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Epidemiology of Invasive Pulmonary Aspergillosis Among Intubated Patients With COVID-19: A Prospective Study.

BACKGROUND: We evaluated the incidence of invasive pulmonary aspergillosis among intubated patients with critical COVID-19 and evaluated different case definitions of invasive aspergillosis.

METHODS: Prospective, multicenter study in adult patients with microbiologically confirmed COVID-19 receiving mechanical ventilation. All included participants underwent a screening protocol for invasive pulmonary aspergillosis with bronchoalveolar lavage galactomannan and cultures performed on admission at 7 days and in case of clinical deterioration. Cases were classified as coronavirus-associated pulmonary aspergillosis (CAPA) according to previous consensus definitions. The new definition was compared with putative invasive pulmonary aspergillosis (PIPA).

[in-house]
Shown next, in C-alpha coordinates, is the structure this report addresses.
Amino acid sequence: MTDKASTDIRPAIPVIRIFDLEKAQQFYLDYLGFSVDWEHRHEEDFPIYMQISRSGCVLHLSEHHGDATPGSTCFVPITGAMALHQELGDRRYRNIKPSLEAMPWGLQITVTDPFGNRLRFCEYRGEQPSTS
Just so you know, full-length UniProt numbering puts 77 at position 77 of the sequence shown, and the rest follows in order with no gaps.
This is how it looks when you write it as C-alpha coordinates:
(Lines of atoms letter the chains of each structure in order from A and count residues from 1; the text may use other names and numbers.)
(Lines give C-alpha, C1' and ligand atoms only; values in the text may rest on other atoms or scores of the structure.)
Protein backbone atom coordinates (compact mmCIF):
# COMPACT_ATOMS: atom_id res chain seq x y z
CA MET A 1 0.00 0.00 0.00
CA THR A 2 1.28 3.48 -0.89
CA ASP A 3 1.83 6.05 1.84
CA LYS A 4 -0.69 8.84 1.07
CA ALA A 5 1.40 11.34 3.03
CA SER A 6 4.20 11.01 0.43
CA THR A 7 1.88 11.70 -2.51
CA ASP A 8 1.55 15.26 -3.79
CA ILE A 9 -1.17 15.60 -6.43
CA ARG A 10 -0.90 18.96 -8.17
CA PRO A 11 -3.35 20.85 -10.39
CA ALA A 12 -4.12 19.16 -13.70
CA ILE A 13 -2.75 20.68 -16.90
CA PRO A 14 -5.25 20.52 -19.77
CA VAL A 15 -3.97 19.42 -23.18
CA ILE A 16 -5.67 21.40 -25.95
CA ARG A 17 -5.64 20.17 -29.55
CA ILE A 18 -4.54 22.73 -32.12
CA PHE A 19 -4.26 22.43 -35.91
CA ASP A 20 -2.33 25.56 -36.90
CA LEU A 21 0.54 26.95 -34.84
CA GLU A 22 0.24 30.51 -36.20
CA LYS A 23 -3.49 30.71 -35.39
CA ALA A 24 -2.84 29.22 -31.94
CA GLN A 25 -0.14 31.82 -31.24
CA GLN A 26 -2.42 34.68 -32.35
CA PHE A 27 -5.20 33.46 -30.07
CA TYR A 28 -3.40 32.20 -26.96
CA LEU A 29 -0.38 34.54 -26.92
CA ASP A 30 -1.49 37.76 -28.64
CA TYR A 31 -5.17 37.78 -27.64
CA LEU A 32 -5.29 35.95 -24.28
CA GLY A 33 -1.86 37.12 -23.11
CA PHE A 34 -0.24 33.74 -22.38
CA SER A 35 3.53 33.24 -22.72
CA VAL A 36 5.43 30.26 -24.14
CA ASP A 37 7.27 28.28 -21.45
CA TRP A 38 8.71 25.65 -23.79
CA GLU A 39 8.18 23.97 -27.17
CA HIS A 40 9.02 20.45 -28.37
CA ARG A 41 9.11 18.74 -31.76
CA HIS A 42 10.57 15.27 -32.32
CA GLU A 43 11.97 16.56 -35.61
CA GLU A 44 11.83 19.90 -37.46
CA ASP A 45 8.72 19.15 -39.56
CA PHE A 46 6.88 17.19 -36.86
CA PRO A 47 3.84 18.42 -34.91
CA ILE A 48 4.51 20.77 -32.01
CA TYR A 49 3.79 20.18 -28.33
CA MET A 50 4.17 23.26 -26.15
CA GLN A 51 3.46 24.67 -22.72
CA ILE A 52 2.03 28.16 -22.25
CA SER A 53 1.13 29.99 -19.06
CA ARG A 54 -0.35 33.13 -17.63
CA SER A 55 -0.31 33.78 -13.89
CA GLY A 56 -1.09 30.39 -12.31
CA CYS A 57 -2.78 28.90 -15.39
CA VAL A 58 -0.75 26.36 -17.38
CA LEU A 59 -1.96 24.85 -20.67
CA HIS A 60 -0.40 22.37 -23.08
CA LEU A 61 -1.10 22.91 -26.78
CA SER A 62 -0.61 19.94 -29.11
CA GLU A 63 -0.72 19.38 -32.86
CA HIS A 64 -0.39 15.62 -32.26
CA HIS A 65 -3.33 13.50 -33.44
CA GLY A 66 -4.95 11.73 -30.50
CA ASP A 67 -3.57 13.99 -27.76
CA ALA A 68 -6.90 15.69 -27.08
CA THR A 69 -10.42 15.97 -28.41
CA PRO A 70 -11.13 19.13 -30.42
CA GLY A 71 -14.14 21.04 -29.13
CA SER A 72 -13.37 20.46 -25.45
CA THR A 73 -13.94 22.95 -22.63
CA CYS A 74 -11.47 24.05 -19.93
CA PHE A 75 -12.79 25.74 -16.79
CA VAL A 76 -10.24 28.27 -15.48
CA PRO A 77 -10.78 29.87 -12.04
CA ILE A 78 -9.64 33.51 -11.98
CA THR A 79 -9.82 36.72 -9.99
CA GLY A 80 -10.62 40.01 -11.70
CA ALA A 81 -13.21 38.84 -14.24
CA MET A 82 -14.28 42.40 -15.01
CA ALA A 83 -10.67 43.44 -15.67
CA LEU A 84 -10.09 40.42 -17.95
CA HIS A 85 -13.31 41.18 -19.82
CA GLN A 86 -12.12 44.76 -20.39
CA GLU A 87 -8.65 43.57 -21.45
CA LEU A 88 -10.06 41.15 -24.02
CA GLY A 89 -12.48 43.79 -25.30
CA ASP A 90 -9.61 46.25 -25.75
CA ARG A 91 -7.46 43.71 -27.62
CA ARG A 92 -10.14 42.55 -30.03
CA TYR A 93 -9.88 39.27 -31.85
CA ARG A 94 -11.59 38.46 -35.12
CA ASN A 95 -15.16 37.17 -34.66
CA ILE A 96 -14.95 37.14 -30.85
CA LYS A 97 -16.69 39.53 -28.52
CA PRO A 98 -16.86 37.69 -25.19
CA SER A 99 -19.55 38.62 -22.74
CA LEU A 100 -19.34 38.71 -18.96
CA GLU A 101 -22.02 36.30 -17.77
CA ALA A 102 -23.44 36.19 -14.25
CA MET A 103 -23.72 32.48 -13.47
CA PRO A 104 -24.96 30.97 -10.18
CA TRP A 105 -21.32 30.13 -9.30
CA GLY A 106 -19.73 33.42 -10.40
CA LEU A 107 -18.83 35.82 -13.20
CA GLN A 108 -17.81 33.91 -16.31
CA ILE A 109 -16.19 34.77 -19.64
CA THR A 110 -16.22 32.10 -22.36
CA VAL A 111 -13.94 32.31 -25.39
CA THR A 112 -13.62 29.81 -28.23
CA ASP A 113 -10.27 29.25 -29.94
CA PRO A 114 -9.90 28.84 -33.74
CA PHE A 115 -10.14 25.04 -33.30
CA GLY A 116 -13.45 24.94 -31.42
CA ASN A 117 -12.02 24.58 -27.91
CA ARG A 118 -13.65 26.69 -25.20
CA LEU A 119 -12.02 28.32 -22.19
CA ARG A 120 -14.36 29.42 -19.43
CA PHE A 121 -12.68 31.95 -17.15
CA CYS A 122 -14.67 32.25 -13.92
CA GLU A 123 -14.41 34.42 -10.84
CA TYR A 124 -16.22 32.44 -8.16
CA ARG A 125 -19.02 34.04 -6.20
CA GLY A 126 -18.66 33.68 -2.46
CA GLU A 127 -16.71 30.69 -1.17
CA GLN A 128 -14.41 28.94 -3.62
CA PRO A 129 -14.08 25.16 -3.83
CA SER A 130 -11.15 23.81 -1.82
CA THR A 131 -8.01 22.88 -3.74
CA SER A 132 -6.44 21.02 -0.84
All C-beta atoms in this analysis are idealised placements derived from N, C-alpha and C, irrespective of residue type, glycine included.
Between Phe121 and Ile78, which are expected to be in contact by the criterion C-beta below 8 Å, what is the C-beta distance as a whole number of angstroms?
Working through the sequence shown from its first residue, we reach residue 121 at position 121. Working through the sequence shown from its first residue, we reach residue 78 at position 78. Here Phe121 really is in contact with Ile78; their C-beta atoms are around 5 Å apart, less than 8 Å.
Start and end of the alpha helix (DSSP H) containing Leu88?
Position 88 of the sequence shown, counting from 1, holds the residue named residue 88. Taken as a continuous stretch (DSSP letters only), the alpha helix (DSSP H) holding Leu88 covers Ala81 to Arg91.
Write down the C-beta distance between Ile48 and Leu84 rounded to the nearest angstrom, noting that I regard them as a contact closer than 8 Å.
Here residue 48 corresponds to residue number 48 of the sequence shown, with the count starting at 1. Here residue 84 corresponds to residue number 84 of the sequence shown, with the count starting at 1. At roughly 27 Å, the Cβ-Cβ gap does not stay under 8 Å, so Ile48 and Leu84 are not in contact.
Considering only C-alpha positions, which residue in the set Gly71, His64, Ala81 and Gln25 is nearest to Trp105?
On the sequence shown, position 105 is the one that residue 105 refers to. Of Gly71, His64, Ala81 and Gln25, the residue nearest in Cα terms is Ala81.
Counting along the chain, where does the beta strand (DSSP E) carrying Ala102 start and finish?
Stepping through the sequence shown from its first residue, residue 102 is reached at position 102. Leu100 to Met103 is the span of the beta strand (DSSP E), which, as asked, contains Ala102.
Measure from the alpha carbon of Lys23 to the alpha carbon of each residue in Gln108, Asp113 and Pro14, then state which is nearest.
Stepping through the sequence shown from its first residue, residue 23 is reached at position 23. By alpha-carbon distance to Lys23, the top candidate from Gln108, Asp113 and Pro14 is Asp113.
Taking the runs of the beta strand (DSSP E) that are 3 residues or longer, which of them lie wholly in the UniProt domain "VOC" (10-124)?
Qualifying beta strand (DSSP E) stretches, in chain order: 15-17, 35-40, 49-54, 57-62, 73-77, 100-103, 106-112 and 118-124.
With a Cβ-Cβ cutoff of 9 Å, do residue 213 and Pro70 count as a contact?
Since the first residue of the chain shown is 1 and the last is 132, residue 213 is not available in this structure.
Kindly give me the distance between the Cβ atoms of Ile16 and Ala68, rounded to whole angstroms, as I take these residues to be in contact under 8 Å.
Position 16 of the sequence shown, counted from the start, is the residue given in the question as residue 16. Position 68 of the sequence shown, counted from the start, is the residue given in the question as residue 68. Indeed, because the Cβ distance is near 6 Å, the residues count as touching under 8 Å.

RESULTS: 108 patients were enrolled. Probable CAPA was diagnosed in 30 (27.7%) patients after a median of 4 (2-8) days from intensive care unit (ICU) admission. Kaplan-Meier curves showed a significantly higher 30-day mortality rate from ICU admission among patients with either CAPA (44% vs 19%, P = .002) or PIPA (74% vs 26%, P < .001) when compared with patients not fulfilling criteria for aspergillosis. The association between CAPA (OR, 3.53; 95% CI, 1.29-9.67; P = .014) or PIPA (OR, 11.60; 95% CI, 3.24-41.29; P < .001) with 30-day mortality from ICU admission was confirmed, even after adjustment for confounders with a logistic regression model. Among patients with CAPA receiving voriconazole treatment (13 patients; 43%) a trend toward lower mortality (46% vs 59%; P = .30) and reduction in galactomannan index in consecutive samples were observed.

CONCLUSIONS: We found a high incidence of CAPA among critically ill COVID-19 patients and its occurrence seems to change the natural course of disease.

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